This also came out of Jefferson’s great concern that the Corps of Discovery learn as much as possible about the western Native Americans, ensure them of the United States’ goodwill and desire for trade with them, and to encourage Native American leaders to come to Washington, D. C. to meet with U. S. leaders. After getting all the necessary supplies, Lewis had them shipped to where the expedition was going to start (Cavan 13-24). Soon after, he asked his friend William Clark to co-command the expedition with him.

The two ended up getting along so well uring the expedition that Clark even named his son Meriwether Lewis Clark after his partner (Cavan 26-27). After all this was done, the expedition was ready to begin. The members of the expedition were the following: Lewis; Lewis’s dog, Seaman; Clark; Clark’s slave, York; about 48, mostly military men (no exact number is known) but also 3 non-military interpreters and trappers. There was a group of 31 people known as the Permanent Party that stayed with the expedition all the way to the Pacific Ocean.

The rest did not stay for the whole trip. Eventually, Sacagawea, a Shoshone Indian, and her usband Toussaint Charbonneau also joined the expedition partway through after being recruited at a Mandan Indian village. The original 48 started down the Ohio river in their boat on, October 26, 1803. They stayed the winter in the Illinois Territory and they started up the Missouri River in spring 1804 into uncharted territory, beginning their long journey to the Pacific (Cavan 27-28; “Opens”).

This expedition became very important to America and it made many important discoveries in and about the new territory. During the Lewis and Clark Expedition, the crew learned about Western Native American tribes and established relations with them, discovered new varieties of animals and plants, and learned about the geography of the region. On the expedition’s return, Jefferson asked Lewis to compile their new data into a map. When Lewis died in 1809 with very little of the map finished, the responsibility to finish it fell on Clark’s shoulders.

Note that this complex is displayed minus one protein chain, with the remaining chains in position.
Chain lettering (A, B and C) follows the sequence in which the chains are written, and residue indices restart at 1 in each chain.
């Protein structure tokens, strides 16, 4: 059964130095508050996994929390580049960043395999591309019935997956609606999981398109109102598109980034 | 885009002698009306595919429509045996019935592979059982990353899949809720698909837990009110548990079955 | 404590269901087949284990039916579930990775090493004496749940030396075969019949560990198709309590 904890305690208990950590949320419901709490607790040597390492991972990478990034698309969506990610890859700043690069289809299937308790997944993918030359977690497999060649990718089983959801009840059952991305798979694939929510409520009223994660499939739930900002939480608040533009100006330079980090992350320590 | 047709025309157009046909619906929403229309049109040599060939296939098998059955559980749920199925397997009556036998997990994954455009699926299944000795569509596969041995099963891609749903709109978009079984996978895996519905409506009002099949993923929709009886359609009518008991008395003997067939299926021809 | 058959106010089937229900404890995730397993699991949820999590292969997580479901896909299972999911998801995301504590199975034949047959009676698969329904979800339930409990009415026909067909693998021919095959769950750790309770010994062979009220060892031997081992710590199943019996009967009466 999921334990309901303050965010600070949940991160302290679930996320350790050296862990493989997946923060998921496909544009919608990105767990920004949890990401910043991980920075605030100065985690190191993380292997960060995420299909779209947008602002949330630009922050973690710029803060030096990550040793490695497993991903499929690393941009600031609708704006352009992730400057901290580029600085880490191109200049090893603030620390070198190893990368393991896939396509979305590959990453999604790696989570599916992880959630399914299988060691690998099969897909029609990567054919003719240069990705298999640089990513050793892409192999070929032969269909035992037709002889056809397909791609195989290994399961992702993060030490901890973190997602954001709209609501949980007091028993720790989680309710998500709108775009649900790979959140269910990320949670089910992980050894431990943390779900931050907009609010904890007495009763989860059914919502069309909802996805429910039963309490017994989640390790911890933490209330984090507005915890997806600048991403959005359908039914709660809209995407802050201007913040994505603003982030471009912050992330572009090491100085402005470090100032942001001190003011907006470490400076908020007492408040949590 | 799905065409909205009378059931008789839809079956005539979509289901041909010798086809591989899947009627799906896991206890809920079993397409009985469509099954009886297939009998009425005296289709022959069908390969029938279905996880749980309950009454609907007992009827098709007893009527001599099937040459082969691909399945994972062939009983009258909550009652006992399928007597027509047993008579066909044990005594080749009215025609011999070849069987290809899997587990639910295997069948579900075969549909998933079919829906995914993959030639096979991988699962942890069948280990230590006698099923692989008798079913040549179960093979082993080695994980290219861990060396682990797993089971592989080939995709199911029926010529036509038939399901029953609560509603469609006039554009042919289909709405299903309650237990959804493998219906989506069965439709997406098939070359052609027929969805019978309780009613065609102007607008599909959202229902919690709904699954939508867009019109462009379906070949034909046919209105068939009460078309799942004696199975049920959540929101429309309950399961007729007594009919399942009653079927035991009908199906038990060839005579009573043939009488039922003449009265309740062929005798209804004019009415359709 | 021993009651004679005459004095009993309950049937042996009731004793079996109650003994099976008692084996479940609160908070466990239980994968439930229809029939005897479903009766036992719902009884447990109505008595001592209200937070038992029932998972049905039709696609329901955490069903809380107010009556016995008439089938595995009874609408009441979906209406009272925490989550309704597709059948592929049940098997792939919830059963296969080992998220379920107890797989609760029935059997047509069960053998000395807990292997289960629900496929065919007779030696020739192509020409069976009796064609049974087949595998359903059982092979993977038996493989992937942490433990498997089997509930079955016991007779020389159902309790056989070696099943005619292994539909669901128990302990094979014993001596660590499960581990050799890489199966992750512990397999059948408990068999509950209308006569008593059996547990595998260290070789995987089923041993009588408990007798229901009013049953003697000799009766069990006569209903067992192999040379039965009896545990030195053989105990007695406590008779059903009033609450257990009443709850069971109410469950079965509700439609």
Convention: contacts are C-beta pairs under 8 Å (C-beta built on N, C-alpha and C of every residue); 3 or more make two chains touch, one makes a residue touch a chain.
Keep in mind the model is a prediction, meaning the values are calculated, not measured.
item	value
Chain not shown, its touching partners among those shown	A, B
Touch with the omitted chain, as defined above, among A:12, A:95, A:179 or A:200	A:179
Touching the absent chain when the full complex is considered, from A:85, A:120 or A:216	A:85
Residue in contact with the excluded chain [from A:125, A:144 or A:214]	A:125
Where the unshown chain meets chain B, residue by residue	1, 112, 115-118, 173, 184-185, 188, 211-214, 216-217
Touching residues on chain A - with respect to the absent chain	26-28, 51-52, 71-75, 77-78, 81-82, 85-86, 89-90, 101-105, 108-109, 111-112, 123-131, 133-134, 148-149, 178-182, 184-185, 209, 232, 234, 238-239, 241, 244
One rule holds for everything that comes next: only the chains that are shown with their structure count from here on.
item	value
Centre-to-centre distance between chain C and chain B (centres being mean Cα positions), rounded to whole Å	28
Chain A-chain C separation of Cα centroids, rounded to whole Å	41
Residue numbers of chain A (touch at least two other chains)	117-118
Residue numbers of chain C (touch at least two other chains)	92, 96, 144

Clark completed the map, which was used by a great many trappers, traders, and explorers, who, upon their return, gave Clark new information to add to the map, keeping it up to date. In 1814 a journal containing the map was published under the itle History of the Expedition Under the Command of Captains Lewis and Clark. Several other expeditions led by different explorers were later sent West, making significant contributions to Clark’s map and knowledge of the West.

This up to date map made it easier for American settlers to settle in the new western land to trade with the Native Americans, farm, or other ventures (“Opens”). The discoveries of Lewis and Clark gave Americans the confidence and know-how to start moving into the western territories. The Louisiana Purchase was a pivotal event in American history, and had a great impact on the country that can still be elt today.

It added much land to the United States, giving it much of the territory that the country currently occupies and gave much knowledge about that new land to Americans back east. The discoveries of the Lewis and Clark expedition and their journal writings about the West made knowledge about the Louisiana Territory easily accessible to American settlers looking to live in the abundant land there and jump started the country’s western expansion. The Louisiana Purchase and its exploration were momentous to American history and started to shape the country into what it is today.